As we speak about the industry specific title, each title is entitled to a role which performs its designated role in a Practice-Based environment. A Practice-Based environment demands only and only Practice in Practical.

The challenge here is how does e-Learning transform learning to be virtual yet practical. How can e-Learning in it’s inorganic matter deliver results similar to that of organic and practical methods.

Avatars play the bridging role here. An Avatar can play various social roles.

Expert/ Instructor/ Coach: Here the character is modeled after an expert or knowledgeable human – most commonly a senior surgeon, professor, training manager/head or expert in the field such as a regulation,etc. Effective use of this role with the help of an Avatar ensures social engagement between the character (Avatar) and the student through a conversational tone, interaction, and feedback.

Learner/ User: An Avatar of learning establishes the emotional presence of the learner into the learning scenario. It simulates the learner’s belongingness within the learning context and situation. An Avatar created with situational and curriculum based contextual engagement allows the emotive mind of the learner to dwell into imaginative and experiential learning.

C0-learners or Peers: Avatars of co-learners or learning buddies create a sense of being accompanied. It helps eliminate the loneness factor of the learner and builds a scope of togetherness into the learning environment.

Immersive e-learning

In the study, We Learn Better Together: Enhancing e-Learning with Emotional Characters (2005) by Heidi Maldonado et al., it is discovered that the presence of a Co-learner resulted in learners performing better. Students with a Co-learner scored significantly higher than students without a Co-learner.

Google has brought many a resourceful applications through Google Labs.

Google Earth is a virtual globe, map and geographical information program that was originally called EarthViewer 3D, and was created by Keyhole, Inc, a company acquired by Google in 2004. The product was re-released as Google Earth in 2005.

Google launched the Google Maps API in June 2005 to allow developers to integrate Google Maps into their websites.

The list goes long with Google books, calendar, news, search, videos, wave and so on.

Last year Google launched its new high-tech 3D product- Google Body. Google Body is a detailed 3D model of the human body. You can peel back anatomical layers, zoom in, and navigate to parts that interest you. Click to identify anatomy, or search for muscles, organs, bones and more.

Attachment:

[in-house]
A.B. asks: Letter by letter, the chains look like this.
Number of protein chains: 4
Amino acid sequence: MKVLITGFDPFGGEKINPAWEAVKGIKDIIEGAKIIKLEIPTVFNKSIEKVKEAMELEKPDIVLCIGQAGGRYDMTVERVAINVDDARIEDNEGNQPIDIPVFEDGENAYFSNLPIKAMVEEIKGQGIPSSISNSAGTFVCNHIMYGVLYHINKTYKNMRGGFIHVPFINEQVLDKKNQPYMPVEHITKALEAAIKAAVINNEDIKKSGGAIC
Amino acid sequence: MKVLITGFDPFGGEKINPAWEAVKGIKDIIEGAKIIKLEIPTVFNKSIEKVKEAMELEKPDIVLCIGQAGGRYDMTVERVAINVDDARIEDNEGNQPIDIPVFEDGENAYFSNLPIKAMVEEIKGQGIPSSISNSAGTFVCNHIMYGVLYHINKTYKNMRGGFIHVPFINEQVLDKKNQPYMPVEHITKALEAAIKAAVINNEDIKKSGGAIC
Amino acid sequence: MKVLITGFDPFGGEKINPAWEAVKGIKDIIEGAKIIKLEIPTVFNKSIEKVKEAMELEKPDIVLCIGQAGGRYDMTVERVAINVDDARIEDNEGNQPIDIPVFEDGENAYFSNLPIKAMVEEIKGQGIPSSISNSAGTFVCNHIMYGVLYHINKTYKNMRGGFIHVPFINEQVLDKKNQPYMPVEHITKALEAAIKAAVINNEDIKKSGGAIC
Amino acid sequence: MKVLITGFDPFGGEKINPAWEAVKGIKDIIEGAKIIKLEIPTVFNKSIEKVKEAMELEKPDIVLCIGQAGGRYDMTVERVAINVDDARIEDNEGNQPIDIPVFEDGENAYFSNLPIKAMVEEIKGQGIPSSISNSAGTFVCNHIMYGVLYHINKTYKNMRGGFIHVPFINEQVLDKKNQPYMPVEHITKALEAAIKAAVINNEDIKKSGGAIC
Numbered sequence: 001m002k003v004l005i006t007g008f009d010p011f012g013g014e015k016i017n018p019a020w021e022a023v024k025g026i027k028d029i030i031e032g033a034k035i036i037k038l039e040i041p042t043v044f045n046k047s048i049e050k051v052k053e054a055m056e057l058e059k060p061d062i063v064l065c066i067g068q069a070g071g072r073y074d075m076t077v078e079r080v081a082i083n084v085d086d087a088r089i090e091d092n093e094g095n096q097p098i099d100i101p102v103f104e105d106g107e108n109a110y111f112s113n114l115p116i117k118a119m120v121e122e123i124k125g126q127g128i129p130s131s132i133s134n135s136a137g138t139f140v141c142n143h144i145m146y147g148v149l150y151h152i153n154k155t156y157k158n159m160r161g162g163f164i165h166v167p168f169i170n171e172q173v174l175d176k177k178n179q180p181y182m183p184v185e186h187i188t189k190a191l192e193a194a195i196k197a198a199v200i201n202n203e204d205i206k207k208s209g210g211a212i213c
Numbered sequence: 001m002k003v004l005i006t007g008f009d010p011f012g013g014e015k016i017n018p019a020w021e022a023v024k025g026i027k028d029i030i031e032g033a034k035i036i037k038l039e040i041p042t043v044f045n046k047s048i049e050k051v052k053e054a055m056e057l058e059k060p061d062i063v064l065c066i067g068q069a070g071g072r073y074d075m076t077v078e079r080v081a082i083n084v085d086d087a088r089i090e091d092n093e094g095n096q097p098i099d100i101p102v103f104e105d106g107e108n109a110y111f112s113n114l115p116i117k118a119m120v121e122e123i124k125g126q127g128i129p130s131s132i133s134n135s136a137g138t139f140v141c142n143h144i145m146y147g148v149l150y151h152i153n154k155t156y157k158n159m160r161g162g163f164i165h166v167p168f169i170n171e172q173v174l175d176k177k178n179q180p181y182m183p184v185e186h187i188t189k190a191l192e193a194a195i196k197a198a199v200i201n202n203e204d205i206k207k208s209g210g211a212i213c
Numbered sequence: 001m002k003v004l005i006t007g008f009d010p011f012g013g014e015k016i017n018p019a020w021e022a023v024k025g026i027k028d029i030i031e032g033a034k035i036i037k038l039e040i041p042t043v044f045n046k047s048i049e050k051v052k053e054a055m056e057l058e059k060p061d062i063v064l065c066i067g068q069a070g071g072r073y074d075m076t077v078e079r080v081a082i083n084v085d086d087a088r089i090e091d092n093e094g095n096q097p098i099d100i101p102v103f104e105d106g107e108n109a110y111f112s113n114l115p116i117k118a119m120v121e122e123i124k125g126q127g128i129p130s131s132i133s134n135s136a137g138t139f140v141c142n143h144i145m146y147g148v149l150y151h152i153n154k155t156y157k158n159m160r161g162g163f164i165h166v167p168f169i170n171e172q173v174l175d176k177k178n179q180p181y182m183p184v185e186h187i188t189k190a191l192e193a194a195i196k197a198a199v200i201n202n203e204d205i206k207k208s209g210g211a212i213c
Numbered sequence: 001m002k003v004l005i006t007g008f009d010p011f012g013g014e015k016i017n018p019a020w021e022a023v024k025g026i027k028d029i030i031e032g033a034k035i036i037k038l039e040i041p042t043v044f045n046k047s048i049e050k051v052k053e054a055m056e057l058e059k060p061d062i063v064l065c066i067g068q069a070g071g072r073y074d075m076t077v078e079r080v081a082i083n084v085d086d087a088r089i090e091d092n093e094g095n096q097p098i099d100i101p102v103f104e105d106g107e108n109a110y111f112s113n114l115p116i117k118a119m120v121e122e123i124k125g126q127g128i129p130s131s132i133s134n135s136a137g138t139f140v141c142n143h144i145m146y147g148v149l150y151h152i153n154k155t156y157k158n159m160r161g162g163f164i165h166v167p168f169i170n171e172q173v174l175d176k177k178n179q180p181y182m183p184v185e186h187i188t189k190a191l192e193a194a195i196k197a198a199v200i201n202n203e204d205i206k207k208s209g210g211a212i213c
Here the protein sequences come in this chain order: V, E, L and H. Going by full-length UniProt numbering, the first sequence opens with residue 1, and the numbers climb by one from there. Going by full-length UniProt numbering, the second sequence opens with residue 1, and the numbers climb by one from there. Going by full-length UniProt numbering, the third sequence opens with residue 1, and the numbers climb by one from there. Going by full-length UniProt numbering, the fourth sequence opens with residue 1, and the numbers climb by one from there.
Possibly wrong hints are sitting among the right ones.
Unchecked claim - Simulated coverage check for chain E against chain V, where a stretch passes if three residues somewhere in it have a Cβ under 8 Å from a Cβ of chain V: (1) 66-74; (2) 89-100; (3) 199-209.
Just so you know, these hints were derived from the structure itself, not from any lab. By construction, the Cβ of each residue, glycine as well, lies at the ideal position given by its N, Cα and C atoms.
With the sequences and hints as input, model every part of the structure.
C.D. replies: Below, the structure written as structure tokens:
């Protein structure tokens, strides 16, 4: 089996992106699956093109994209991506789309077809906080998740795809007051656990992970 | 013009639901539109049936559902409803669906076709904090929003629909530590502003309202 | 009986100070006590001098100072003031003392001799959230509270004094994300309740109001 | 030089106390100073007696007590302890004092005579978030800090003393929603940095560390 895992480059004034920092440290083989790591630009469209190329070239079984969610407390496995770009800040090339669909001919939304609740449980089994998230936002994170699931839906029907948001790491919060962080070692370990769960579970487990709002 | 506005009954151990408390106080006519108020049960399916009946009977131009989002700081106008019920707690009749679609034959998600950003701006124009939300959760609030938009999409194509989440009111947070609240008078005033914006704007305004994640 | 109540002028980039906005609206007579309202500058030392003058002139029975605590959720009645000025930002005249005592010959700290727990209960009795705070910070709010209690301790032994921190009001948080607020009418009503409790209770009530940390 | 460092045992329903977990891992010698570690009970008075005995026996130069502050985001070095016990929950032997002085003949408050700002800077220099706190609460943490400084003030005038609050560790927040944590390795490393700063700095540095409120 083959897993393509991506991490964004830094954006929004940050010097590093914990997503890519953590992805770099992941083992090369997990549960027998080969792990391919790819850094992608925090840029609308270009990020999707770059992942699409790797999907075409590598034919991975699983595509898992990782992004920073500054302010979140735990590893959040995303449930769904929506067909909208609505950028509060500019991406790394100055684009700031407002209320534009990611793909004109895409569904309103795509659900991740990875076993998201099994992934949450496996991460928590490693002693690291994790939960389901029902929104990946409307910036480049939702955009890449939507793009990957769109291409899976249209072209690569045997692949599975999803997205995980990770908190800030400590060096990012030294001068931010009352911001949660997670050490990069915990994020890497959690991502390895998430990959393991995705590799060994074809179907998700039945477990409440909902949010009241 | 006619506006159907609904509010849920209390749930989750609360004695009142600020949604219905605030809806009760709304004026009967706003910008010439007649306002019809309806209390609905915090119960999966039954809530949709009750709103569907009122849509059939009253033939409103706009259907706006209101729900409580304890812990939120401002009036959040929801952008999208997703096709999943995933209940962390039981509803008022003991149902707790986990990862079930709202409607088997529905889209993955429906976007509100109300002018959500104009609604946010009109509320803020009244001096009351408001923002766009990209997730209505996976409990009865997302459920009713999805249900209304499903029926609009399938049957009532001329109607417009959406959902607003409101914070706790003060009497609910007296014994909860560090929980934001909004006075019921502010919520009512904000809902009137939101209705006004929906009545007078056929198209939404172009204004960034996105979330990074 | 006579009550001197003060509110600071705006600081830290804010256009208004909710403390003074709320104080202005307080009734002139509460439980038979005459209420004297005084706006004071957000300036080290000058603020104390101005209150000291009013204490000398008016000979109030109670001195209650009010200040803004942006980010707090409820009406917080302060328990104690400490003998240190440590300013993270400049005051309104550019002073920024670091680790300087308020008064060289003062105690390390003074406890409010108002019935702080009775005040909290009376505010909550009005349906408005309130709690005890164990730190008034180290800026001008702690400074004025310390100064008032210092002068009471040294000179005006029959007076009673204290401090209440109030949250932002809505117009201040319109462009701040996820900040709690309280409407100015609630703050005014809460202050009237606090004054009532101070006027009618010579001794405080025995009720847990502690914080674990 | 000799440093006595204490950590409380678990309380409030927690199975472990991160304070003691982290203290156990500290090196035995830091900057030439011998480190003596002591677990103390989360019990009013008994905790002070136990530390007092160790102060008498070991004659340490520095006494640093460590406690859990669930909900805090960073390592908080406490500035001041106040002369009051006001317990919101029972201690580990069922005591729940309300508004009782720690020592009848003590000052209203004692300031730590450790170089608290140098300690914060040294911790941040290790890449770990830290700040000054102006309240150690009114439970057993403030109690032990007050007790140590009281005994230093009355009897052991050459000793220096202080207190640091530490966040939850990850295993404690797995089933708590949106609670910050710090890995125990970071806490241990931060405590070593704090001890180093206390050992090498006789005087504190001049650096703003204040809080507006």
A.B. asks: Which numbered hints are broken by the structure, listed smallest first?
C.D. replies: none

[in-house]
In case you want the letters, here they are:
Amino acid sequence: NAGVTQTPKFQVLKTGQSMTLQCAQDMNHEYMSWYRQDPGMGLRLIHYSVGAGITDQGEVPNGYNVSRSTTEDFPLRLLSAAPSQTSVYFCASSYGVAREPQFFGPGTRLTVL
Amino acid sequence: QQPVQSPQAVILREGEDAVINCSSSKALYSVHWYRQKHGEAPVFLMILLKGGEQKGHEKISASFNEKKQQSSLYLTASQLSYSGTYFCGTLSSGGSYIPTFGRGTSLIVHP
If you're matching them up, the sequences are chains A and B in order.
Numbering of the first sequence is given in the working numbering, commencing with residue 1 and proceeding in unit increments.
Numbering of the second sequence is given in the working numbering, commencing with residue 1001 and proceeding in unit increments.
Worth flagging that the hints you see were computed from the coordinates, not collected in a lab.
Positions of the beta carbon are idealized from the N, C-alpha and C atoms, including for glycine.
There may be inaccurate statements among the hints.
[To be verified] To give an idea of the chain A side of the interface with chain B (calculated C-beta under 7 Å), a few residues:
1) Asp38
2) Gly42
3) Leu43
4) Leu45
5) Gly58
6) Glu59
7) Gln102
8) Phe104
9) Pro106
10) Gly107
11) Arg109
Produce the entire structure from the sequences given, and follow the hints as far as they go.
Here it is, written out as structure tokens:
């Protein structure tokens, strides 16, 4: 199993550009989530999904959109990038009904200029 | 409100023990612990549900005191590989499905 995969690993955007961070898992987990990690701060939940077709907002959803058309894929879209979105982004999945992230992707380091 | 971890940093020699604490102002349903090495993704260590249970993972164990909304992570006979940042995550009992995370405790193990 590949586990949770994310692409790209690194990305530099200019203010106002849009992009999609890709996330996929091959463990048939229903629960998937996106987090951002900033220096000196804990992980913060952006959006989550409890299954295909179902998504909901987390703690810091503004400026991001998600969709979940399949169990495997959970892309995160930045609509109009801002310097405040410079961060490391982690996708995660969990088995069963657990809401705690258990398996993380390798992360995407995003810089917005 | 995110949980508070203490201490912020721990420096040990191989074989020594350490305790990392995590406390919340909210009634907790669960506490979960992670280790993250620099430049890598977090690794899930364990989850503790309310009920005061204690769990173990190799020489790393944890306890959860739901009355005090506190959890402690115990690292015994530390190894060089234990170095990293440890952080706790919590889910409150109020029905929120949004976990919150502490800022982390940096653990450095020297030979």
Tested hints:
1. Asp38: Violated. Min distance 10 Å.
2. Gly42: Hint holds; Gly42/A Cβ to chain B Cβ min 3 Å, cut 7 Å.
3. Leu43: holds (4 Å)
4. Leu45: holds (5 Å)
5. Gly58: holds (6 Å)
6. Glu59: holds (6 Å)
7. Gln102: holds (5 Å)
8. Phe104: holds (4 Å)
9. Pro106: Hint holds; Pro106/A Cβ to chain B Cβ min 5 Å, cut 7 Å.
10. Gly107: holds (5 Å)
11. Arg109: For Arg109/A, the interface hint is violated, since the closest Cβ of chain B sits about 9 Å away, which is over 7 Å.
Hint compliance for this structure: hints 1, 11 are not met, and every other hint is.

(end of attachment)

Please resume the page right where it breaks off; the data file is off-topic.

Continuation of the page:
One can also share the exact scene being viewed by copying and pasting the corresponding URL.

Google Body, which is already available in web form, can now run on Android tablets that use the 3.0 Honeycomb version of Google’s mobile operating system. Using 3D graphics capabilities of the latest tablets such as Motorola’s Xoom, the hardware is now good enough to properly display a 3D-heavy app such as Google Body, which lets you look at your organs, muscles and bones.

It looks like a pretty cool way to explore the human body – just like earth or maps, you can strip away layers (i.e. skin, bones, etc.), rotate it in 3D, and search for body parts before having them highlighted in the app. Teachers are gonna have a gala time giving anatomy classes to students.

There are experts and then there are instructional experts who have brought a huge value by proposing various best-practice instructional approaches to aid web-based science education and training. All such instructional theorems and hypothesis contribute to the foundation grid lines of online training and education.

While physical models and virtual 3 D models deciphers a great value for teaching Fundamentals of Electrons in Atoms and Molecules; the greater need has always been to empower students to read, research and discover underlying facts of such subjects.

Leveraging from emerging e-learning technologies and tools, e-learning inventors have produced innovative and immersive discovery tools that cater to the above said need.  Leading educators like Wiley, Elsevier and other scientific innovators have transformed model-based training methods to discovery-based simulation applets.

A Case Example:

To teach the Motion of  a Projectile, a simulation can be created as an applet. The “Reset” button brings the projectile to its initial position. You can start or stop and continue the simulation with the other button. If you choose the option “Slow motion”, the movement will be ten times slower. You can vary (within certain limits) the values of initial height, initial speed, angle of inclination, mass and gravitational acceleration. Below is an example of similar instruction as created at Walter Fendt.

Another interesting example can be seen at Glovico.org. Glovico provides a social business platform to learn and teach languages. Teachers are native language experts who decide their coaching prices. Students get the liberty to choose teachers based on prices and ratings.

I remember learning about Set Theory and Venn Diagrams in the late 90’s by reading text books and practicing exercises on paper notebooks. I feel envious of what technology has brought to today’s mathematics students. Utah State University has been creating interactive mathematics exercises that allow Discovery-Based learning for student. Using applet-based intuitive functions and guided instruction, students can explore and attempt randomized mathematical problems.